Open-air enclosures such as the famous Africa Panorama or the innovative Orang­­utan House accommodate over 1,850 animals from 210 species and all continents. Several endangered species such as the North Chinese leopard, South American giant otter or even Asian elephants are being bred here very successfully. This is the only place in Germany where it is allowed to feed the pachyderms. Even the giraffes may be fed at certain times – from a three-­­­metre-high platform.However, unique animals are not the only source of visitor fascination. The Jungle Nights in June come under the motto “tropical sounds, shows and exoticism”. Compelling performances by international artists and the riveting rhythms of African and South American music turn the Jungle Nights into a joyful celebration of life. A midsummer night’s dream with soulful, romantic music through­­out the park awaits visitors during the Romantic Nights in August. They are the musical highlight of the summer – not only for classical fans.

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scape design. The two totem poles of the Tlingit Indians and the red-coloured Japanese temple gates also fit in with the plants and animals that surround them. Among the particular children’s favourites are the life-size dinosaur statues created by animal sculptor Josef Pallenberg in the year 1909, which have lost none of their fascination.

Open-air enclosures such as the famous Africa Panorama or the innovative Orang­­utan House accommodate over 1,850 animals from 210 species and all continents. Several endangered species such as the North Chinese leopard, South American giant otter or even Asian elephants are being bred here very successfully. This is the only place in Germany where it is allowed to feed the pachyderms. Even the giraffes may be fed at certain times – from a three-­­­metre-high platform.However, unique animals are not the only source of visitor fascination. The Jungle Nights in June come under the motto “tropical sounds, shows and exoticism”. Compelling performances by international artists and the riveting rhythms of African and South American music turn the Jungle Nights into a joyful celebration of life. A midsummer night’s dream with soulful, romantic music through­­out the park awaits visitors during the Romantic Nights in August. They are the musical highlight of the summer – not only for classical fans.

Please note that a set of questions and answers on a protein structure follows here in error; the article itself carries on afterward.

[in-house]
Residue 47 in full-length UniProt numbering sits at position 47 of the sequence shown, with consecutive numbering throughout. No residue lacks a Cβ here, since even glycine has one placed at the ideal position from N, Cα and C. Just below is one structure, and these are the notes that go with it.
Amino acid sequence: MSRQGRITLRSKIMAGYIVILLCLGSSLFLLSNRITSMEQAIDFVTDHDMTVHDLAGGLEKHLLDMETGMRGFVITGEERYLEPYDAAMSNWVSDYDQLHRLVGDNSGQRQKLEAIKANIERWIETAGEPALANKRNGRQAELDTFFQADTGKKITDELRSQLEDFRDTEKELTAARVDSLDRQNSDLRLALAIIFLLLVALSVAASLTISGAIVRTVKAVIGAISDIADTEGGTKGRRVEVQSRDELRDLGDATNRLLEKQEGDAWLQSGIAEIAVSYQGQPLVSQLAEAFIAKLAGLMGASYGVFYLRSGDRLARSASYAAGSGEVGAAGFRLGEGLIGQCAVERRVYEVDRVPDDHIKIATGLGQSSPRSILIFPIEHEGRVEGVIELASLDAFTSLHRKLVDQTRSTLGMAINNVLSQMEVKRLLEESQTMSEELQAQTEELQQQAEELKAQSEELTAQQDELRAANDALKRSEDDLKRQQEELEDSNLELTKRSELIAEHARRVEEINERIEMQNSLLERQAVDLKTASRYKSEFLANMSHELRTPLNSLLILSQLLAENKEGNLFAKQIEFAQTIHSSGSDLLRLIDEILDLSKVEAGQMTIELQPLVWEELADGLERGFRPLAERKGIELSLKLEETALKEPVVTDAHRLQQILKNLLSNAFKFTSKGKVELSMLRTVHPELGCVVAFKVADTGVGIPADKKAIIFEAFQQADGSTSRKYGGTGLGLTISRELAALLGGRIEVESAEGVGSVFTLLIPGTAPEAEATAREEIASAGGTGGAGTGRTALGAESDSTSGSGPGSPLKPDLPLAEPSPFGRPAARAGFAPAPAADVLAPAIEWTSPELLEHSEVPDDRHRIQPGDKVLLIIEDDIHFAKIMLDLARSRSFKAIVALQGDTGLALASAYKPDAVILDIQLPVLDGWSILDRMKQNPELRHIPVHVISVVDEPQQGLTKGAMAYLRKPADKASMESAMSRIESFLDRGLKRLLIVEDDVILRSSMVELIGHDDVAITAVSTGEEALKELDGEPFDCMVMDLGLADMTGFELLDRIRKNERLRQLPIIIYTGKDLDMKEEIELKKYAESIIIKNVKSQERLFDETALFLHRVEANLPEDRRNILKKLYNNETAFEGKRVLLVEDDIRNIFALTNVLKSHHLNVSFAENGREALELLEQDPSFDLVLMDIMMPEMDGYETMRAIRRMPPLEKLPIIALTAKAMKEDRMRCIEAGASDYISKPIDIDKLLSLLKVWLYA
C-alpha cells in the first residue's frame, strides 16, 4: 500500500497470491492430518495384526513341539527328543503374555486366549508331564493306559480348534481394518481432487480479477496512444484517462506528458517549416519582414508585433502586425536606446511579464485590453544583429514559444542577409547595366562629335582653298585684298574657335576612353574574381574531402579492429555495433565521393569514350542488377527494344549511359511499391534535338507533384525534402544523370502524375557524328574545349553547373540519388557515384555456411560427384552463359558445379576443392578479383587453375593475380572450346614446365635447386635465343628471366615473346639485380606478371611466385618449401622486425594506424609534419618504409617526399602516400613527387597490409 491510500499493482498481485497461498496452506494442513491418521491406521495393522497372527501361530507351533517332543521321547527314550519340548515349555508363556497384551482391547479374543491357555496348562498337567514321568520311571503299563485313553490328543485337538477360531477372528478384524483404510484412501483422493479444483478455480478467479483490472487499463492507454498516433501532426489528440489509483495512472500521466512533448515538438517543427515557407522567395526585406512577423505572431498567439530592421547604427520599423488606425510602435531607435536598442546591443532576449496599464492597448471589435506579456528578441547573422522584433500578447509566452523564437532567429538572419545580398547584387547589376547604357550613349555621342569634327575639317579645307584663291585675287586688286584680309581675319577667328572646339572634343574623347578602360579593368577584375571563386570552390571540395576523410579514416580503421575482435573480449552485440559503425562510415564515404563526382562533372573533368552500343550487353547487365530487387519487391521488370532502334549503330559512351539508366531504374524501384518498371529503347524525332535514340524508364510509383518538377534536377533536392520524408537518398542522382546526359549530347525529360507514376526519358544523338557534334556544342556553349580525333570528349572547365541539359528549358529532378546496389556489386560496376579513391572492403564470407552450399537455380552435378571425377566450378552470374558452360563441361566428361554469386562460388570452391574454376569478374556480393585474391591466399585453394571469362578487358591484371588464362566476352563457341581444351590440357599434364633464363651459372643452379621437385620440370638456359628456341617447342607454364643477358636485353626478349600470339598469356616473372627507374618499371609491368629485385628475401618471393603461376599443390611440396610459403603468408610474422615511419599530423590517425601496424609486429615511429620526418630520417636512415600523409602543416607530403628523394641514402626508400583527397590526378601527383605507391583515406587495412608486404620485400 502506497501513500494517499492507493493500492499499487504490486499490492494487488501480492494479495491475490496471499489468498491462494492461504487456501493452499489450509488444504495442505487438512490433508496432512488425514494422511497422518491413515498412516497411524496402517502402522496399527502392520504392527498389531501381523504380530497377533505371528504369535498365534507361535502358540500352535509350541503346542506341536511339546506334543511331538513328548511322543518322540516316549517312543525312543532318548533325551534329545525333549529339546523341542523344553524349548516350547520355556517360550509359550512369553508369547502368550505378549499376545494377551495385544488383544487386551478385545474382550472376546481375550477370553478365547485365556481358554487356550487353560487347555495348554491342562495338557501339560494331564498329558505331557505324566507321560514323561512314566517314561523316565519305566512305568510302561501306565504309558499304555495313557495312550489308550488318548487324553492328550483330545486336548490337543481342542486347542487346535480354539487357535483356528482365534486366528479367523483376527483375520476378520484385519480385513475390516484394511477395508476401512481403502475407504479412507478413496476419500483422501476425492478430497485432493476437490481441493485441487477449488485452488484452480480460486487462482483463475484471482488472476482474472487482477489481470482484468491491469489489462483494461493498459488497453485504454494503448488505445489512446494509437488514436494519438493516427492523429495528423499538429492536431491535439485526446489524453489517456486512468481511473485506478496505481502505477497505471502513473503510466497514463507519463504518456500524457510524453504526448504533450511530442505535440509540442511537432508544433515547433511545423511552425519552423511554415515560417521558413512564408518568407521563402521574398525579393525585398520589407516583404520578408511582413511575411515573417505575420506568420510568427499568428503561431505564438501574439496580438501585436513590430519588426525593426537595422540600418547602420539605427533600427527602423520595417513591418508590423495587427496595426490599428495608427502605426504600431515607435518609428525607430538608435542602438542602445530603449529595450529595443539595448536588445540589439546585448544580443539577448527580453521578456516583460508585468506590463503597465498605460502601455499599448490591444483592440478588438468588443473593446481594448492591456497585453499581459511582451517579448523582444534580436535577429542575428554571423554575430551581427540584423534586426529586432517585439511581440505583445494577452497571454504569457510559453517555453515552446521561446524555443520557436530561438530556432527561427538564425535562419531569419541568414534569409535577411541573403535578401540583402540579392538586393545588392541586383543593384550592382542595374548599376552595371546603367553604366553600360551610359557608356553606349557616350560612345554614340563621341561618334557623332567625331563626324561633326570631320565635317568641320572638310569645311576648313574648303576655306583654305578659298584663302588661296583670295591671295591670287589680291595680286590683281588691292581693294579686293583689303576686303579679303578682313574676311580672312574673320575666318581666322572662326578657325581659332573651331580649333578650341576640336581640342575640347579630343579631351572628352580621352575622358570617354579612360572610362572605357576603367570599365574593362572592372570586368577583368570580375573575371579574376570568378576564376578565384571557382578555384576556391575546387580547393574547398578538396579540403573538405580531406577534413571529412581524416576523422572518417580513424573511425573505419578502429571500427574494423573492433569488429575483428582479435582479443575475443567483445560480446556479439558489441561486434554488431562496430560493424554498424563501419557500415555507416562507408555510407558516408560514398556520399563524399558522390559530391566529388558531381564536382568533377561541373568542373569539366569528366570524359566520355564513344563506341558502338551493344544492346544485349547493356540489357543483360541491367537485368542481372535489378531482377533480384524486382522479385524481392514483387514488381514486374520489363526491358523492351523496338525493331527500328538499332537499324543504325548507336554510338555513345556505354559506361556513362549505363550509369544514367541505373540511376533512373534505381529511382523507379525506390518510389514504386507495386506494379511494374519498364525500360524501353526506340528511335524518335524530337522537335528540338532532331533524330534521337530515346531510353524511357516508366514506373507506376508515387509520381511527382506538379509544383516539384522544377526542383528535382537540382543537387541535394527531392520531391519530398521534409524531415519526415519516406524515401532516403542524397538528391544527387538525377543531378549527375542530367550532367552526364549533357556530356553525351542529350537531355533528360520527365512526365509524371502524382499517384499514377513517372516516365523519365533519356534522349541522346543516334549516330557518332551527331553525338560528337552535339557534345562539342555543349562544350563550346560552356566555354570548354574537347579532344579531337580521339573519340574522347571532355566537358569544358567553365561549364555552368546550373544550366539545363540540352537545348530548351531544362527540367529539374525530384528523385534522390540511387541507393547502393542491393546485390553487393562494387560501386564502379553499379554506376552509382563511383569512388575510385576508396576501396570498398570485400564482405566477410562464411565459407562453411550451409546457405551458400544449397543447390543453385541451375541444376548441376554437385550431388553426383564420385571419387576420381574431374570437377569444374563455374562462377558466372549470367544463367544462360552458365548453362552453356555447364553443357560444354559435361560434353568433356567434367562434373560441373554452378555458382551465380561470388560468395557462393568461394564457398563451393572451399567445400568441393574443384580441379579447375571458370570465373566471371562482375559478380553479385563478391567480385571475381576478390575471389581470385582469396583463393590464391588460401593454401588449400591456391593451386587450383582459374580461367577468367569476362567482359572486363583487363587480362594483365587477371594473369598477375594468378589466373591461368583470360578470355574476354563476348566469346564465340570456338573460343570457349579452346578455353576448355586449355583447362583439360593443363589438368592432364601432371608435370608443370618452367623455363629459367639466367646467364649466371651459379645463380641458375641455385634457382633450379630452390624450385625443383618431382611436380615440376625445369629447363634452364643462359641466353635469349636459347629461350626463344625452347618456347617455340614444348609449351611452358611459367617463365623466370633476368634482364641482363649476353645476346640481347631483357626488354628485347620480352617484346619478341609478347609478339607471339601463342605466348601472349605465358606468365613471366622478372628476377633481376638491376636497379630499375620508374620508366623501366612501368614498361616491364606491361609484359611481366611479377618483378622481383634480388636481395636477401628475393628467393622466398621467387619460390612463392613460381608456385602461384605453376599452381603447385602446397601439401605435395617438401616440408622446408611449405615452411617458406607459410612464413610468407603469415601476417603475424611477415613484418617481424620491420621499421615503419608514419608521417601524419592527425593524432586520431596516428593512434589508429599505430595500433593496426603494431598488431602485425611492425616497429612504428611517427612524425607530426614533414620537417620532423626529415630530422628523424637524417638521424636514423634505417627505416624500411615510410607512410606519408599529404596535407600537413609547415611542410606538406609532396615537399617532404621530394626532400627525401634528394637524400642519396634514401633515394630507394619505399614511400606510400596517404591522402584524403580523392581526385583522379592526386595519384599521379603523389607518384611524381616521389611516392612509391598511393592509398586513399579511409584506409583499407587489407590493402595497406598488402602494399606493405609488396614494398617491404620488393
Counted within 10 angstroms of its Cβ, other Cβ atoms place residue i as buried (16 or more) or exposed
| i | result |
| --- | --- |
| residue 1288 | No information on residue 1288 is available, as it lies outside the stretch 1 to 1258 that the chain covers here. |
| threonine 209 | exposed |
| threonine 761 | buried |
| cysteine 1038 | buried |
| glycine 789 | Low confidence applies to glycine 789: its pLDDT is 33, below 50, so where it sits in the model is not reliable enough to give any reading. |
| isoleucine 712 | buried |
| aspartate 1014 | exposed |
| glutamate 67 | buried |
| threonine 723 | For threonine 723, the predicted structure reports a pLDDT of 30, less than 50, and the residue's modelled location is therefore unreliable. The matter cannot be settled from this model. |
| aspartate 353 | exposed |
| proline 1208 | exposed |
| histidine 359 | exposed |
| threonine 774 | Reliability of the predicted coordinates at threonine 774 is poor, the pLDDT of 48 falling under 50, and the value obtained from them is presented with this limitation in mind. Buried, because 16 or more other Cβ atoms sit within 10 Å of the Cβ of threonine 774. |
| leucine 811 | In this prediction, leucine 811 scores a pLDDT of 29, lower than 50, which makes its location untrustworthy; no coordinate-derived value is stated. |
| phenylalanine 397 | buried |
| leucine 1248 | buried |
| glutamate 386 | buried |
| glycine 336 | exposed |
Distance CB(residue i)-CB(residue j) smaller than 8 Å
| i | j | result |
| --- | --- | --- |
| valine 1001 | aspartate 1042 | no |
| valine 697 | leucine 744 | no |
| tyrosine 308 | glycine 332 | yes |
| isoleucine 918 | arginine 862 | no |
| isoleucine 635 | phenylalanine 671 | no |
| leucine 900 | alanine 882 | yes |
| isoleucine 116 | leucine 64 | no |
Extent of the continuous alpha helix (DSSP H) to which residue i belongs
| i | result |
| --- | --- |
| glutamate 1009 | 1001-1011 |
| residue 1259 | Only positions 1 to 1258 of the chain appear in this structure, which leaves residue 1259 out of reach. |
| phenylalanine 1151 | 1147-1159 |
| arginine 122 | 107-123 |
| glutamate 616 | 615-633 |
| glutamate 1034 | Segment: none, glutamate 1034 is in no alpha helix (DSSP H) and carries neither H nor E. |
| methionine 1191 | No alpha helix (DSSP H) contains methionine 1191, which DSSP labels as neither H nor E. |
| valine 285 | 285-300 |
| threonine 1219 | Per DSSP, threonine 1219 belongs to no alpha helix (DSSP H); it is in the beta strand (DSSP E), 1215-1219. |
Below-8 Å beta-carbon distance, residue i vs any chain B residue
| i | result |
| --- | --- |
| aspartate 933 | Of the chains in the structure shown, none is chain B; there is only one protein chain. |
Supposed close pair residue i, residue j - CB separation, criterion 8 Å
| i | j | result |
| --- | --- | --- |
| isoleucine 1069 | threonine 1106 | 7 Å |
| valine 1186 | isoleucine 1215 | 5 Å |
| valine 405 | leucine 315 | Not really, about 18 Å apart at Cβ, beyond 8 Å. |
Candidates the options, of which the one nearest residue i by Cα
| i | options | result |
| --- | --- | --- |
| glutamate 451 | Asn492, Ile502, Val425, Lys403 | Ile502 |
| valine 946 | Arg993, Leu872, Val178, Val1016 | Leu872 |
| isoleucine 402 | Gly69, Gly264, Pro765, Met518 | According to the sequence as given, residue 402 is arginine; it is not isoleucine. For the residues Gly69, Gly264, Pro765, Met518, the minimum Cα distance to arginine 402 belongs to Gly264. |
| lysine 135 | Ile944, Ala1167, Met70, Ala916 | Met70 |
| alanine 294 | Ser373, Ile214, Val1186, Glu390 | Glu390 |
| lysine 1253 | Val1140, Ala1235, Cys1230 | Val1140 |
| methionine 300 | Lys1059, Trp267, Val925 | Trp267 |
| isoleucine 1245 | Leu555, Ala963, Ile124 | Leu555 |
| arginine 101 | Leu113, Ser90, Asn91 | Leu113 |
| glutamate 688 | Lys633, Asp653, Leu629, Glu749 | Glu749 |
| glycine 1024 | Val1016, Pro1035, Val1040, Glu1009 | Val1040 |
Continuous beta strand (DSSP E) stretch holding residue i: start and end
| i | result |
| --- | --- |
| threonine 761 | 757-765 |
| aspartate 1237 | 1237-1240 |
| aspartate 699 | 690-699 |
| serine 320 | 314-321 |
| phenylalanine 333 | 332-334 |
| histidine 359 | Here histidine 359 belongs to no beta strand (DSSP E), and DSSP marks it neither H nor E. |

In contrast, the Sea of Ice constitutes a unique living space for 15 species from both polar regions. Over 8,000 square metres of polar fascination offer more than the world’s deepest diving pool for walruses and Europe’s largest free-flight aviary for sea birds. A 750-metre-long walk leads through the Arctic and Antarctic, past gentoo and king penguins populating a lifelike environment with real ice and snow and straight through the nesting colony of the Arctic sea birds. Breath­taking above and underwater views show polar bears, walruses, sea lions, seals and puffins from completely new perspectives.

In the Tropical Aquarium, unfamiliar sounds and noises pierce through the warm, damp air. Bright-feathered parrots and cute ring­­tailed lemurs usher visitors into their realm. In the middle of Hamburg, a world opens up that used to require eight flight hours to reach. In the Adventure Aquarium and Tropical World, over 14,300 animals from more than 300 exotic species show up in their mysterious habitats. This combi­nation offers a world­­wide unique experience.